Australian sharpshooter is a boost for East Grand Forks Sacred Heart
EAST GRAND FORKS, Minn.--Jordan Tomkinson isn't a shooter who toes up to the 3-point line, trying to reduce the distance of the long-range shot. The East Grand Forks Sacred Heart High School junior prefers setting up a few feet behind the 3-point...
EAST GRAND FORKS, Minn.-Jordan Tomkinson isn't a shooter who toes up to the 3-point line, trying to reduce the distance of the long-range shot.
The East Grand Forks Sacred Heart High School junior prefers setting up a few feet behind the 3-point line before launching.
"In Australia, we used the college 3-point line, which is deeper than the high school line,'' Tomkinson said. "And I like to shoot a step back from behind the line. So people might think I'm shooting deep. But I'm comfortable with that range.''
Tomkinson is two years removed from Australia. He moved to Grand Forks prior to his sophomore year in school when his father, Grant, took a position at UND. After attending Red River High School as a sophomore, Tomkinson transferred to Sacred Heart this season and has flourished.
Heading into Monday night's game against Red Lake County, the 6-foot-2 sharpshooter was averaging 27.2 points and was 44-of-113 (38.9 percent) on 3-point attempts.
The distance of the 3-point shot is just one part of the game to which Tomkinson has had to adapt. Size versus physicality is another difference Tomkinson notices.
"At Red River last year, we had four kids who who were 6-6 or taller,'' said Tomkinson, who speaks with a noticeable Australian accent. "Over there, you never saw that. You weren't as cautious taking the ball to the basket because there wasn't that size.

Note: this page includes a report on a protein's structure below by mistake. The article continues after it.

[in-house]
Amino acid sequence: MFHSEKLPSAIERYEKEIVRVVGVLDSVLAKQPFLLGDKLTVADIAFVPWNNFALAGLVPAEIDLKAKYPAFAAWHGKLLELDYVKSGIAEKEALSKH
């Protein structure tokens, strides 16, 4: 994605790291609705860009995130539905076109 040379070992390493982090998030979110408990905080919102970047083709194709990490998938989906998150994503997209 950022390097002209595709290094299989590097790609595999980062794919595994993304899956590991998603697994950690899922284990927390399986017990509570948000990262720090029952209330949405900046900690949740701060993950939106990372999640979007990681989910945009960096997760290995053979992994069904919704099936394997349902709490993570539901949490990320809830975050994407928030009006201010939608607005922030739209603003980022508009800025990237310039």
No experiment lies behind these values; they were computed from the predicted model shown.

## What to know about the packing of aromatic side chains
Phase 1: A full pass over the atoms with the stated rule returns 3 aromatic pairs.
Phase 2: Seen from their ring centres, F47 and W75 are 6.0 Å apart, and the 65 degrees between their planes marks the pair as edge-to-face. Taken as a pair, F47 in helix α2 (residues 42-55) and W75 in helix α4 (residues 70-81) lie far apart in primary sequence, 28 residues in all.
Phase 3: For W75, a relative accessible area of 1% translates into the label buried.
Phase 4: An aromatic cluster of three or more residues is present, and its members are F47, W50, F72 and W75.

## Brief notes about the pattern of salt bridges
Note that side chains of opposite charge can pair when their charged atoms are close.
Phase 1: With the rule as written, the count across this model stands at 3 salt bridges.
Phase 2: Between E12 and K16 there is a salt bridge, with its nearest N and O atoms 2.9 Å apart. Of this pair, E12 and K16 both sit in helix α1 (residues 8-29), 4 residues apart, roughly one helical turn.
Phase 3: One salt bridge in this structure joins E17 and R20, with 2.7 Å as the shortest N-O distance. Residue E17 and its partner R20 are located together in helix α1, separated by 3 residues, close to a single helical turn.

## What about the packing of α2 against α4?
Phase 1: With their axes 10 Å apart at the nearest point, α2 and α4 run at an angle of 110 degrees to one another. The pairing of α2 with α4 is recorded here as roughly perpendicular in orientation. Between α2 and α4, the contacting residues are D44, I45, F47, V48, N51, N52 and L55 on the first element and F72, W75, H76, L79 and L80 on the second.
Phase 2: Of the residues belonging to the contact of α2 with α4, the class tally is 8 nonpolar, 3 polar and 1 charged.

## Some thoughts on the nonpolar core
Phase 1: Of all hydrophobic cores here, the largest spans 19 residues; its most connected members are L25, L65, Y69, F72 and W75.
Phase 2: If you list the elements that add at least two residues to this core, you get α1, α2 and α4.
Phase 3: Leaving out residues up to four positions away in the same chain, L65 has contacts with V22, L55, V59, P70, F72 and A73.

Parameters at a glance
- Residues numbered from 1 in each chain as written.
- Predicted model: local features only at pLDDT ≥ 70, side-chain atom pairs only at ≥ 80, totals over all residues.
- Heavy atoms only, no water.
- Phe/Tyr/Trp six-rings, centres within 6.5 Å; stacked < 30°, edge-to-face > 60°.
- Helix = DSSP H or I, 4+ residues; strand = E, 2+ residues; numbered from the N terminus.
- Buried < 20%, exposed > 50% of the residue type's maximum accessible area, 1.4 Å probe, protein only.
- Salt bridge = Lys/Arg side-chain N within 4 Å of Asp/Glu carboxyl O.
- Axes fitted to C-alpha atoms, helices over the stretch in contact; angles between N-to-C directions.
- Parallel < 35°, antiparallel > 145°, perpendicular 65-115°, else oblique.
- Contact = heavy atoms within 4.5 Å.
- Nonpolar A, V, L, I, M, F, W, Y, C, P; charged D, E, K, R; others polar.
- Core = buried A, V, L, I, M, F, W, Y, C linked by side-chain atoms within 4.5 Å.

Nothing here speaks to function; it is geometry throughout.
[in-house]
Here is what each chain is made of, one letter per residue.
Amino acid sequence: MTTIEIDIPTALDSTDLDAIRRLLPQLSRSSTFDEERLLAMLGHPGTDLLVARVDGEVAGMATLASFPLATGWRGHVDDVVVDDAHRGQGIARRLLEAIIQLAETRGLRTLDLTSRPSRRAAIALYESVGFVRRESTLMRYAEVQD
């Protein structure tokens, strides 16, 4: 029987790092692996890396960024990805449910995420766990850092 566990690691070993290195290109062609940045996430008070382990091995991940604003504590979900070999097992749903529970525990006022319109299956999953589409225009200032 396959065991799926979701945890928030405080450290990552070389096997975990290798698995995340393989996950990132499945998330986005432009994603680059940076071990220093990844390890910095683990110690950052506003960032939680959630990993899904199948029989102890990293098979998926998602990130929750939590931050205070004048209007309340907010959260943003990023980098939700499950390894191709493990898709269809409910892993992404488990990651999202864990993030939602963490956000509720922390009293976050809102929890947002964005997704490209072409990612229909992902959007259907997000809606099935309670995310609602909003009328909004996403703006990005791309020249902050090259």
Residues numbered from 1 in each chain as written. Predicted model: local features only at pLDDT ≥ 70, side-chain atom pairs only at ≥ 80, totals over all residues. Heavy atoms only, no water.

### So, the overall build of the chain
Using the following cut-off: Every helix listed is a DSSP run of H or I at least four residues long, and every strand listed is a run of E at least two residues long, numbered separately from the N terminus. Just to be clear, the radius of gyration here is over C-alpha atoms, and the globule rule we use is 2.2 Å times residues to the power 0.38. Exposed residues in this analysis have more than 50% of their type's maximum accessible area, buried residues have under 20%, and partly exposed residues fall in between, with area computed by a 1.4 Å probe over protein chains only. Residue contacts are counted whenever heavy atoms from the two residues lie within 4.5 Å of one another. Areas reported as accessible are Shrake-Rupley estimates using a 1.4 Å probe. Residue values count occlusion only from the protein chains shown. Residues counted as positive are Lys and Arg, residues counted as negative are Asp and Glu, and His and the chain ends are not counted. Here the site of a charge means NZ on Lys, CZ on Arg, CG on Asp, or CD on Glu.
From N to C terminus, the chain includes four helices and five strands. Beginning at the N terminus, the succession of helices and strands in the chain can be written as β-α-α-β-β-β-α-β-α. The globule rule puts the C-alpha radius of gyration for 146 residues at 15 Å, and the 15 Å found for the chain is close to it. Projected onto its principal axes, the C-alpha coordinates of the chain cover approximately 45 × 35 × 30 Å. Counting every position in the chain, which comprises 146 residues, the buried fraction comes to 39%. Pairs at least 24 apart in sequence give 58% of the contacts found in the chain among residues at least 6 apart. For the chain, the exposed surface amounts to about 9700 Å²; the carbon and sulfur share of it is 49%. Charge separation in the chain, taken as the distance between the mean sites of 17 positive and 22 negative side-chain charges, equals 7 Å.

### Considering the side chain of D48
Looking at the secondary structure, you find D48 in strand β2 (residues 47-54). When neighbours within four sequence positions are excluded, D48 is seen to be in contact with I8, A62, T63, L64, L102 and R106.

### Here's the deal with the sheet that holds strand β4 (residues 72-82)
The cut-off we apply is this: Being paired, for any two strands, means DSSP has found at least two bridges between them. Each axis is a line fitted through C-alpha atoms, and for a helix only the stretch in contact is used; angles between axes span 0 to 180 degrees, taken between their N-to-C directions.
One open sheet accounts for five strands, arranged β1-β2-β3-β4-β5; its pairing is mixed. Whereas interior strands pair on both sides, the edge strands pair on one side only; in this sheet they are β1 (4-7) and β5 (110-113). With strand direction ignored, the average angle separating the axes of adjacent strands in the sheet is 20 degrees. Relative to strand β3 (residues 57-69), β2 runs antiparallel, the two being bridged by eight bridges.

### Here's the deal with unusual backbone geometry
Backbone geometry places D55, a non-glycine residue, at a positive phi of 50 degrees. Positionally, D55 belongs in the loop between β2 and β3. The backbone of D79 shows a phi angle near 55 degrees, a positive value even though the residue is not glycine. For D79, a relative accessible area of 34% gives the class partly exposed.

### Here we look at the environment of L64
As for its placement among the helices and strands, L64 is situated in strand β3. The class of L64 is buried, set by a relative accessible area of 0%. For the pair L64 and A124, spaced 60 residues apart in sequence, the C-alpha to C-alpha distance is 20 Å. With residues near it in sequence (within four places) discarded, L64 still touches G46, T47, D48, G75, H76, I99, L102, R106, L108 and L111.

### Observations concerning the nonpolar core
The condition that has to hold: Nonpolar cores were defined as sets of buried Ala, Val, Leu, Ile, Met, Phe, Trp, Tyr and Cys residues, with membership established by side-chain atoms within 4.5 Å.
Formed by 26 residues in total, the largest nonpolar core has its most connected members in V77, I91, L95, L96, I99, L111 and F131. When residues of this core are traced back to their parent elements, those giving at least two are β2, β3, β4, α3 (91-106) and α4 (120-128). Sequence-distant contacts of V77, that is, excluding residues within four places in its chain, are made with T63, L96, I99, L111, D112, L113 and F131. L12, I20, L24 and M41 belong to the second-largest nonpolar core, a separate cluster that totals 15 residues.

"Australian basketball may be a little tougher, though. There was more hitting going on. It was a lot more physical.''
There is more to Tomkinson's game than just long-range bombs. He uses a variety of shots around the basket-a running floater, a fadeaway jump shot pushing backwards off one foot, banking hook shots and jump hooks.
"They're used down there (in Australia). Coaches taught me those shots,'' said Tomkinson, who has a high of 44 points in a game and three other 30-point games. "Coaches tell me I have some quirky, unusual shots. You never know what defenses will give you. I'm not a super great jumper. I'm not going over guys, so I have to outsmart them.''
That shot selection is the difference in the game from different parts of the globe, Eagles coach Destry Sterkel said.
"We see those moves, those shots, night in and night out from Jordan,'' Sterkel said. "He has a European, an Australian style of game. It's not as flashy as American basketball. But he understands that a pump fake, good footwork, good fundamentals, will get you good shots.I think that's rubbed off on other players on our team.
"Defenses are throwing a lot of things at Jordan. He's got to move without the ball, run off screens, do things to get open. He's proven he can score from anywhere.''
Still, for Tomkinson, the biggest change he's seen in the atmosphere. In Australia, most of the sport is played in a club rather than a high school.
"You'd only play on Saturdays,'' Tomkinson said. "Other than parents and maybe a few friends, nobody came to watch.
"The energy wasn't the same. It's a lot higher here. You have parents, students, bands at games here. The reaction from fans during a game, that doesn't happen back there. It's a lot more exciting to play basketball here.''